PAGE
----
I spent majority of my pregnancy trying to come to terms with the failed relationship, seeking comfort elsewhere, crying and holding my belly telling my daughter “sorry” for making her feel this way, and waking up hoping that I would wake up to blood insinuating a miscarriage because I no longer wanted this.
[Tweet "I didn’t want this baby anymore because he didn’t want me. "]
Fortunately, God had other plans and He carried me to full term where I gave birth to a beautiful, happy, and healthy baby girl two weeks prior to her due date but free of all problems. Her life was just beginning, but mine was just going into shambles. This life that was just making my stomach move into funny shapes was now a human that I held in my arms all throughout the day: feeding, changing, bathing, soothing, and nurturing. I tried my best to follow the suggestions given by my mother, but I was not my mother. I was not any woman that had taken the time to give me any type of parenting advice. Me being without him and my lack of parental awareness were strong enough triggers to send me into a looming depression. I was now responsible for a new life in which all blame would be on my hands if anything were to happen to her. My life had completely changed from the plans I had made prior to graduation.
I was only able to breastfeed for three months due to my rapid weight loss and me not being able to keep up with how much my child demanded milk, and I would start crying at any point and time. I couldn’t stop my child from crying but my mother could soothe her, which left me feeling inadequate. I didn’t feel like me anymore. I can remember countless times that I would leave my phone on the dresser and hand my child over to my mother and leave the house not even informing her of my whereabouts. I never went far; always drove around the surrounding neighborhood, blasting music that would help push me into a heavier state of depression.
It wasn’t until her first birthday that I came to terms with my role as a mother and all that it entailed. “I kept my daughter alive for a whole year” was my thought. Not that I thought I would do something to her, I just didn’t know what I was doing.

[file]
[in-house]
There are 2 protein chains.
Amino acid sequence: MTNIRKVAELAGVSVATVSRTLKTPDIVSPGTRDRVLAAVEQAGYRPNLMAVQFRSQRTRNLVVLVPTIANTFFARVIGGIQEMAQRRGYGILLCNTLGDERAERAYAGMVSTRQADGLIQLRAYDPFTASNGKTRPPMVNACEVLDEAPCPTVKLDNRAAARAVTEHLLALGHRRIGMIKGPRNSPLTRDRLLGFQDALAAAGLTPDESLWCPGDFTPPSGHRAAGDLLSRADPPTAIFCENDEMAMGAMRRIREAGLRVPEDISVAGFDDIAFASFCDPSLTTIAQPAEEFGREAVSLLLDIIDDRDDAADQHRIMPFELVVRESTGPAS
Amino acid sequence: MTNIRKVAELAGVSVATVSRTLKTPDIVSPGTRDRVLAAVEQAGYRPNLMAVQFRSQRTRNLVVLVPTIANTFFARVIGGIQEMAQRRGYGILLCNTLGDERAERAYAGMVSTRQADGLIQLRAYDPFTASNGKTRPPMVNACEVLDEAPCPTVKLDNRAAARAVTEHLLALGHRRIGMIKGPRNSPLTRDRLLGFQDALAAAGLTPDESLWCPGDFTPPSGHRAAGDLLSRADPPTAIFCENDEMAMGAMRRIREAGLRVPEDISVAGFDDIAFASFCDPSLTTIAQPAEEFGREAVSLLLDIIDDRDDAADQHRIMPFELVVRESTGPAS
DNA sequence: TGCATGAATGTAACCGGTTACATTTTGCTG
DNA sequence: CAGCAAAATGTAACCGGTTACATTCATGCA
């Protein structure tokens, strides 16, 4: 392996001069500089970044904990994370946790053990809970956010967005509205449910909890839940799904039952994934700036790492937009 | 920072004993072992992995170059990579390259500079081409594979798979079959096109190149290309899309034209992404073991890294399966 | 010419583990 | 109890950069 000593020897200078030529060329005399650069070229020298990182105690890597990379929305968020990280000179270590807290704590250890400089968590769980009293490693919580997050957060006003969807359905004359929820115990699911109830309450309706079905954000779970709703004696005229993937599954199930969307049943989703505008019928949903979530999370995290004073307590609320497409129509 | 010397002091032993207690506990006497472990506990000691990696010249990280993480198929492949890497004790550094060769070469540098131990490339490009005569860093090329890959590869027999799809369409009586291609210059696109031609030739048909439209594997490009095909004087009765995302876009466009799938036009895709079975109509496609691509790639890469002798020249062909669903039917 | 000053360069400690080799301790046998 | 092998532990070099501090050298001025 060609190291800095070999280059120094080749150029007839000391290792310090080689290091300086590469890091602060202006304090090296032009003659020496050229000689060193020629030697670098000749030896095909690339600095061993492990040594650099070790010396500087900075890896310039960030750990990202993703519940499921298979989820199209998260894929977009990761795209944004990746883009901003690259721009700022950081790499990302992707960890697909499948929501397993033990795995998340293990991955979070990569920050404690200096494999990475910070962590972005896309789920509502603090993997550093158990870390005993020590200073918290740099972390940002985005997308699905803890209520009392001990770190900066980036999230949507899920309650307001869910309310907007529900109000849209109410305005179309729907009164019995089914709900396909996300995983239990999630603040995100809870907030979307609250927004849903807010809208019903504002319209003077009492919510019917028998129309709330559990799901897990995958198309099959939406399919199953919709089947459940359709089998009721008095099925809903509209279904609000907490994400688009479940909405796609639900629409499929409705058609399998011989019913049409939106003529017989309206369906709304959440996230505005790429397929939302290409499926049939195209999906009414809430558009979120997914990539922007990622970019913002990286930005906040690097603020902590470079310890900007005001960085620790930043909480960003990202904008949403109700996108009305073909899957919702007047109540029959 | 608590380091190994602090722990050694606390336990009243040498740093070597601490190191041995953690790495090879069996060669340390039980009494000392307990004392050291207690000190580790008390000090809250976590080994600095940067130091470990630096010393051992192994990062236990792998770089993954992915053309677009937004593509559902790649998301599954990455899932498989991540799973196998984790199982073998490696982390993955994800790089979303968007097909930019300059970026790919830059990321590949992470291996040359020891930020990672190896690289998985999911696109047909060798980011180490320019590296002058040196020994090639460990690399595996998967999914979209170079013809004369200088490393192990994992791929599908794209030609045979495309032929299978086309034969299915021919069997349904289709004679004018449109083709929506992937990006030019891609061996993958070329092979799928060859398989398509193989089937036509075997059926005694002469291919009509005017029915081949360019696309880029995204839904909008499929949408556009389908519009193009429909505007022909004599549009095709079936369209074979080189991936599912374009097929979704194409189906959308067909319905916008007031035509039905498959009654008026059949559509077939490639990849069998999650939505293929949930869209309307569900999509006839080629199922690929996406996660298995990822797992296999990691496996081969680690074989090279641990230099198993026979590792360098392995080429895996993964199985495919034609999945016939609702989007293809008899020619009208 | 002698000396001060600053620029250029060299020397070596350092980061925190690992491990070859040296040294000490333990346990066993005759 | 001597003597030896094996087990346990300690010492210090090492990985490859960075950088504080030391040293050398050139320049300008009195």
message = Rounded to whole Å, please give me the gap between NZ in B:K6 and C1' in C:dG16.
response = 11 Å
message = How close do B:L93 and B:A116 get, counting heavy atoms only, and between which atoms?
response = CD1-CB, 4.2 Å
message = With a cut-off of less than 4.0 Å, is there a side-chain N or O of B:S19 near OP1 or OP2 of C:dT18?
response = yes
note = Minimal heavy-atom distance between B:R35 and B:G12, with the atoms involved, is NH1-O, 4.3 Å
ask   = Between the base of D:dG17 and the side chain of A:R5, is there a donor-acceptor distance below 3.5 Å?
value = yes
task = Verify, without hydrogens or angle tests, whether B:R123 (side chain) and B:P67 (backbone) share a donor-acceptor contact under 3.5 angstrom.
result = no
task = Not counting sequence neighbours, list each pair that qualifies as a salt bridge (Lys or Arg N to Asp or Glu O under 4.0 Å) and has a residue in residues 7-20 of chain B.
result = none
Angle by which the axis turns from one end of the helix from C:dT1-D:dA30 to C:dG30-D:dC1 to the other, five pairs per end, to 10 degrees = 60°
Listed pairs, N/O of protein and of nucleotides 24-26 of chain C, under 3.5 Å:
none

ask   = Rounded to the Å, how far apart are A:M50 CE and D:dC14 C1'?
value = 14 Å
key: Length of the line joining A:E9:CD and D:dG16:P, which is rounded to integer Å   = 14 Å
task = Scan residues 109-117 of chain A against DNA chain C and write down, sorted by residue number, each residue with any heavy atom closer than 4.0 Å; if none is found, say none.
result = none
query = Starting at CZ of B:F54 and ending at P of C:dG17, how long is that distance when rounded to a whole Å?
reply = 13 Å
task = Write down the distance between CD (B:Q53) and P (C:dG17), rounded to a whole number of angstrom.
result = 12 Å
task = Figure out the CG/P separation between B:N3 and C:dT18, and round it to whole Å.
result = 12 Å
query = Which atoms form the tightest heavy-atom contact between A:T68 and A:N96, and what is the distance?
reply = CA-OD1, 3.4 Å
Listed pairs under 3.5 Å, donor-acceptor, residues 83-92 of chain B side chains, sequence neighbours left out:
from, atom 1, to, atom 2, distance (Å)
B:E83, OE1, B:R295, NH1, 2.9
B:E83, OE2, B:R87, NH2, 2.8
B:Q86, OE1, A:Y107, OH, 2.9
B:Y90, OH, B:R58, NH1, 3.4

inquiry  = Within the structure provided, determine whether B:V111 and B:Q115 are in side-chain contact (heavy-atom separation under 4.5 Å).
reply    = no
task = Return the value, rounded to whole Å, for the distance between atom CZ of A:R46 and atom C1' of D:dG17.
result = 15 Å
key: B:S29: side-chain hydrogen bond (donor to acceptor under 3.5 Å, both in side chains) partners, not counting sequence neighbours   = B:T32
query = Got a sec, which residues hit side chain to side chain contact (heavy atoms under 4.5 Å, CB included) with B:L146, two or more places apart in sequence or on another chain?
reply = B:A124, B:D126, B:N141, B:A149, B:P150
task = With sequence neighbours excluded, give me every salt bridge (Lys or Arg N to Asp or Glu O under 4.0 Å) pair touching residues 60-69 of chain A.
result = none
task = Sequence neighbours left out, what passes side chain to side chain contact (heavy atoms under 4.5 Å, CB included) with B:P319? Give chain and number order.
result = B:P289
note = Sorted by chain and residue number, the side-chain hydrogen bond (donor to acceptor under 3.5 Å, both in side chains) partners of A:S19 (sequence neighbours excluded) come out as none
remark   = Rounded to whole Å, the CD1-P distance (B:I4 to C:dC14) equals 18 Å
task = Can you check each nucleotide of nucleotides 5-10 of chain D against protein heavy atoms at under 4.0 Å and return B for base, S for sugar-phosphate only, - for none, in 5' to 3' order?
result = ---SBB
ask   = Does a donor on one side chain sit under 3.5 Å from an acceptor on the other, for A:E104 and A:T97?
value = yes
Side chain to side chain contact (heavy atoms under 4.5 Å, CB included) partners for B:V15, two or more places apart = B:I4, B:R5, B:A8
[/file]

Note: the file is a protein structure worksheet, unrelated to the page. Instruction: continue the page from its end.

This experience taught me that PPD does not discriminate whose life it decides to invade. Any woman who is about to bring forth life into this world is at risk. It also taught me that PPD is not just one blanket experience. It can range from “Baby Blues,” which are associated with moodiness and fatigue shortly after delivery all the way to “Psychosis,” which is associated with frequent thoughts of harming self and/or child. According to the National Institute of Mental Health, 80% of new mothers experience Baby Blues while the more extreme end of PPD occurs in nearly 15% of all births.
[Tweet "PPD does not discriminate whose life it decides to invade."]
I reached out to some other mothers about their experience with their PPD and how they handled it:
“It started with feelings of inadequacy. I would be at home with our daughter all day while my husband worked but one could only imagine how I felt when he would come home and I see our daughter favoring him. It worsened when I returned to work. Not only was I not the parent she loved most (in my mind), I felt like I was neglecting her since I'd been away from her all day. I felt so guilty for not being able to stay home and care for my child” –Tania“I moved slow with be everything I did. I wouldn't bath or shower for days at a time, I cut my hair really low because I felt ugly and dirty and filthy and I just made myself look like I felt. I was in cosmetology school at this time and I couldn't focus in school from constantly vomiting and not being able to really participate and be present in my class, so I had to drop out of school and that made my depression worse” –Christin